Thursday, April 10, 2008

the right thing to do

If you hadn't heard, pay attention. There may be tiny glass shards in some bottles of Sam Adams beers. The bottles can be identified by the code: N35 O-I.

From a Boston Beer Company website announcement, dated 7 April 2008:

During a routine bottle inspection at one of our breweries, we detected possible defects in a small percentage of bottles resulting in the random presence of bits of glass, most the size of grains of sand, but some small slivers in some bottles as well. Based on this sample, we quickly began testing bottles of Samuel Adams at all of our breweries and identified that the problem appeared to be isolated to a single glass plant of the five that supply us.

Condé Nast columnist Lew Bryson has addressed the situation in his most recent piece:
The lot, embossed on the bottom rim with the code N35 O-I, came from the Auburn, New York, plant of Boston Beer’s single glass supplier, Owens-Illinois. “It’s a defect in the bottles, not our bottling lines,” said [Boston Beer spokesperson Michelle] Sullivan, adding that Owens-Illinois had confirmed that statement.

The first thing to notice is that Boston Beer Company obviously has the robust quality control procedures in place to detect such a problem.

Second thing: as soon as BBC had discovered the issue, it took immediate, public, and decisive action.

This is a commendable response, and one that is —and without naming names —not always the course taken by breweries, let alone other businesses when serious problems are discovered. The recent safety hearings concerning the FAA could be a case in point of how not to behave (and of the potentially dangerous consequences of inaction).

More from Bryson's piece entitled Breaking News (cleverly using that overworked phrase):
The best strategy in any industry recall is to get the word out quickly and completely, take responsibility for the problem, and offer a solution. After a day, Boston Beer has two parts of that well in hand. Wholesalers and retailers knew within hours, in part because Boston Beer sent emails to major beer-enthusiast websites. Boston Beer’s stock dipped yesterday afternoon following news of the recall but recovered by this morning, presumably because of the company’s fast response. <...>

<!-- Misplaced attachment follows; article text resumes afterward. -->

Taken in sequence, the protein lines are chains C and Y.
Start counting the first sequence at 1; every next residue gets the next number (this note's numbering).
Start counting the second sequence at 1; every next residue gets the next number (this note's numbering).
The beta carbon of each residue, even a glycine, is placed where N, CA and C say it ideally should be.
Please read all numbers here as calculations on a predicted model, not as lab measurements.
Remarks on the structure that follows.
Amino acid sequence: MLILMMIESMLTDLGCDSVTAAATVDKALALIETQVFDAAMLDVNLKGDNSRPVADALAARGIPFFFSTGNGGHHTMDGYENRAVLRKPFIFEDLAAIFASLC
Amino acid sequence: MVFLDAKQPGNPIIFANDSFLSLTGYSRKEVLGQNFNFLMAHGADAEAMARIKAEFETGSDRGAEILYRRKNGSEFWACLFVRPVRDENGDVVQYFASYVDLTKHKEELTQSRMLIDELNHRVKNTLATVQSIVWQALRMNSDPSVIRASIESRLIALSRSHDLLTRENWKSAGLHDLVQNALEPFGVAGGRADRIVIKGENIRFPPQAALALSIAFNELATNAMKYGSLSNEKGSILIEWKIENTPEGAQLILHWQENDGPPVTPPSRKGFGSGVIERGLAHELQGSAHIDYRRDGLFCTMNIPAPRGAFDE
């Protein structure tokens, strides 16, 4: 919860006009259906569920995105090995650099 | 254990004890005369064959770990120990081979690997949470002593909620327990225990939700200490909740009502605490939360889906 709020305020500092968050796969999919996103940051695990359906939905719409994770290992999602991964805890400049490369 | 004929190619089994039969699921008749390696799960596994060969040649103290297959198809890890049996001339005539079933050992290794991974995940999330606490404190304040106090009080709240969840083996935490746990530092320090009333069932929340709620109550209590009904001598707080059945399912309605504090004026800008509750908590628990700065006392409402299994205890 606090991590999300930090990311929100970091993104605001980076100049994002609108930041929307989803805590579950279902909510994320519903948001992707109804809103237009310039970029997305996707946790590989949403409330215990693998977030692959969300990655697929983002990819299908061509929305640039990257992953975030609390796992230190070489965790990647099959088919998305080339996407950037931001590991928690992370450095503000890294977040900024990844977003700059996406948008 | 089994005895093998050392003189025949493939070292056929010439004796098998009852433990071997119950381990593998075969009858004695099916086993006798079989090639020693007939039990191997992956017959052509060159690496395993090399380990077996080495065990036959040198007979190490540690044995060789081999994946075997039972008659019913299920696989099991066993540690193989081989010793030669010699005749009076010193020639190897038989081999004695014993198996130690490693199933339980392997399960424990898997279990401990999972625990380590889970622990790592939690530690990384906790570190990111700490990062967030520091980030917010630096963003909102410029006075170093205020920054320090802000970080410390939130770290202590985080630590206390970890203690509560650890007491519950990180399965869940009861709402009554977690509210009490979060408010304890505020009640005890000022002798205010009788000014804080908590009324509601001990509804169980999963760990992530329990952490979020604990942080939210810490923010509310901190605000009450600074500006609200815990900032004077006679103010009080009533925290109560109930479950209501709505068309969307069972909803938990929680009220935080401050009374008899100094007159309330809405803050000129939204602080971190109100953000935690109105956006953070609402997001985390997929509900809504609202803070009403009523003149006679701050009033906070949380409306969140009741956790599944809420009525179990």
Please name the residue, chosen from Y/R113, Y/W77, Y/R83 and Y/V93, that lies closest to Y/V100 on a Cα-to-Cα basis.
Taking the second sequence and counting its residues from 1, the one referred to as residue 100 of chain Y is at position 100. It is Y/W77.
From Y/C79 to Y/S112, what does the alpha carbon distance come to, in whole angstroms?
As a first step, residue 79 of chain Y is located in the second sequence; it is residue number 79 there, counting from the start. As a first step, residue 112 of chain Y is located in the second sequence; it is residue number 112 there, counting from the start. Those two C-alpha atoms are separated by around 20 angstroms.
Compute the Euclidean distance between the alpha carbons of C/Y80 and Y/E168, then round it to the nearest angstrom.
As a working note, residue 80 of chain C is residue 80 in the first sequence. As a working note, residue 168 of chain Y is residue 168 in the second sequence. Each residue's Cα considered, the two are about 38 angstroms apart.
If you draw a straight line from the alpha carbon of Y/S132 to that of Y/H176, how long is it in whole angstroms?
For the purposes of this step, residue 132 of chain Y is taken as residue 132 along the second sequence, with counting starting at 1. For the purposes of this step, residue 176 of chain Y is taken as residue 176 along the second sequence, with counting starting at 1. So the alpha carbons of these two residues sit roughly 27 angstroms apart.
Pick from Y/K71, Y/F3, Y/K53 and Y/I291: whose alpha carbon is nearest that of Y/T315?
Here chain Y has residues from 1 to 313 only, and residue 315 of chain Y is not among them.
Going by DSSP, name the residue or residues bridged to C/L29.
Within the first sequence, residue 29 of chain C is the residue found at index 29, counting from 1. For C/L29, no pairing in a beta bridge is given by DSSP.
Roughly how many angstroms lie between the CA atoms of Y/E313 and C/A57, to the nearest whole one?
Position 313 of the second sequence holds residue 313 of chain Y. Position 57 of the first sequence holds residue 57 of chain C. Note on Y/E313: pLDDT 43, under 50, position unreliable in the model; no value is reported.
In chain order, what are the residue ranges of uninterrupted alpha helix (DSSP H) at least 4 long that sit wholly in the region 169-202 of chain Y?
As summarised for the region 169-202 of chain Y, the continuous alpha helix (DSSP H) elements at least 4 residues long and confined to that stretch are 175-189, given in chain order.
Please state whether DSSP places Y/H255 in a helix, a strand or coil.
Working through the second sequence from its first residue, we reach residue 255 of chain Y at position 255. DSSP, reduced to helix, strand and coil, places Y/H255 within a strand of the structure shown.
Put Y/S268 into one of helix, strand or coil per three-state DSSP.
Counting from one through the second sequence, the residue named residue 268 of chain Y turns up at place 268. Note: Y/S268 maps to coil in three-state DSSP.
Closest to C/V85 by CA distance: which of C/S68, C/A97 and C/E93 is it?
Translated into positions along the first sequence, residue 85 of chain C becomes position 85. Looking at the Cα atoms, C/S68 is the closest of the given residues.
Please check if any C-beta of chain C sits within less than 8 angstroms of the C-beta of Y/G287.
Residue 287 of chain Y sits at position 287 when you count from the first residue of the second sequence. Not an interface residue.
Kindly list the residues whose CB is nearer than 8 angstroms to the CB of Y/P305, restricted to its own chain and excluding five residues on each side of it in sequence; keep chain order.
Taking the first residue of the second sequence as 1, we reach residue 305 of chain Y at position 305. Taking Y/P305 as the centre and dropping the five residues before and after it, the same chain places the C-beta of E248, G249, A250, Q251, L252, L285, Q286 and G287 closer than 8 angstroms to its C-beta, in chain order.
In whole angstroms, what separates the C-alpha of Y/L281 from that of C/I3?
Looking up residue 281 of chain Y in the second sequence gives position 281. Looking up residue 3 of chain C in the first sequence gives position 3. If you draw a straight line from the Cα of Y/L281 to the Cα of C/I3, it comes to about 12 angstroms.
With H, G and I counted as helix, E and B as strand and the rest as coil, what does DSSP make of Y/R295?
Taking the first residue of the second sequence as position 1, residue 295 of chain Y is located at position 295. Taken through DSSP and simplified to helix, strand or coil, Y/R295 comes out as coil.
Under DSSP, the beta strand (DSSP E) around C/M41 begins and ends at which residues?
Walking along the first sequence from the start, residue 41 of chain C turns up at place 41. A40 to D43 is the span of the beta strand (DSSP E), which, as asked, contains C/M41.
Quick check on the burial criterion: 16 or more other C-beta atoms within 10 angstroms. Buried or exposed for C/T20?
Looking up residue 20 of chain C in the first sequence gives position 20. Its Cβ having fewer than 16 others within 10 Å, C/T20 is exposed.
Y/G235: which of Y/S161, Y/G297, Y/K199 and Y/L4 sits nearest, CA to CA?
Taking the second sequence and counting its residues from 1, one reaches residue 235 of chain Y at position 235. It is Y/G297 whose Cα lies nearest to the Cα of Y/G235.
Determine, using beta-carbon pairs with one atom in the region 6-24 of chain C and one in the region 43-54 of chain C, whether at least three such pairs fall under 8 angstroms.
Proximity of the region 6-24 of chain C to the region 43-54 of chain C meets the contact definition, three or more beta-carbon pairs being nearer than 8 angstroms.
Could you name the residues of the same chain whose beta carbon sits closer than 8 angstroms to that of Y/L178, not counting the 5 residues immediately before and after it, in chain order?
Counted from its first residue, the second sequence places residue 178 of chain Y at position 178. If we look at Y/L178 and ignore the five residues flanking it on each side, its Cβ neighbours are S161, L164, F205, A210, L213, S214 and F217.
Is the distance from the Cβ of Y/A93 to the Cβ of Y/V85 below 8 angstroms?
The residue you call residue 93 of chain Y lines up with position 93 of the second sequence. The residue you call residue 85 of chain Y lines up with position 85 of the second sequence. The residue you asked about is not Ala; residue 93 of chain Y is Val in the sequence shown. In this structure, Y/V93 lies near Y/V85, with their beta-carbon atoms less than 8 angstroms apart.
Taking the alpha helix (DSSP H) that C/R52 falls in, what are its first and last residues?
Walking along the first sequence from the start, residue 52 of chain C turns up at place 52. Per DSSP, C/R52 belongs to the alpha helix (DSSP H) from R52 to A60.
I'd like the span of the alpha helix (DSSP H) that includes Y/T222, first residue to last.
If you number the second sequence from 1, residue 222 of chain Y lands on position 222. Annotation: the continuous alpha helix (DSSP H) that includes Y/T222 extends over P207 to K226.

The third step in the recovery strategy—a solution—is more complicated. Boston Beer is having wholesalers and retailers pull the beer from shelves and urging consumers to dispose of the defective bottles. It’s issuing full refunds on potentially affected products.

This episode —and Sam Adams' rapid reaction —increases my admiration of Jim Koch and his company.

1 comment:

  1. I tip my hat to The Boston Beer Company for moving so quickly on this. If I recall correctly, a year or so ago, Koch also pulled a couple of million dollars worth of beer that was out of date.

    The epitome of NOT taking control of a bad beer situation was demonstrated back in the 1970s when Schlitz made one bad decision after another, leading to their eventual demise and sale to Stroh after the feds blocked their sale to regional G. Heileman.

    The arrogance and stupidity of the Schlitz board of directors is detailed now in college text books as an example on how NOT to make a bad business situation better.

    But Schlitz is coming back, starting distribution in the greater Chicagoland area, and will use the original, pre-screw up "formula." Of course, we know it's owned by Pabst and brewed by Miller. Despite the questionable parentage, it was the beer I was raised on as a young punk. Sorry St. Pauli, but you never forget your first Schlitz.

    Click on my name for more Schlitz info.


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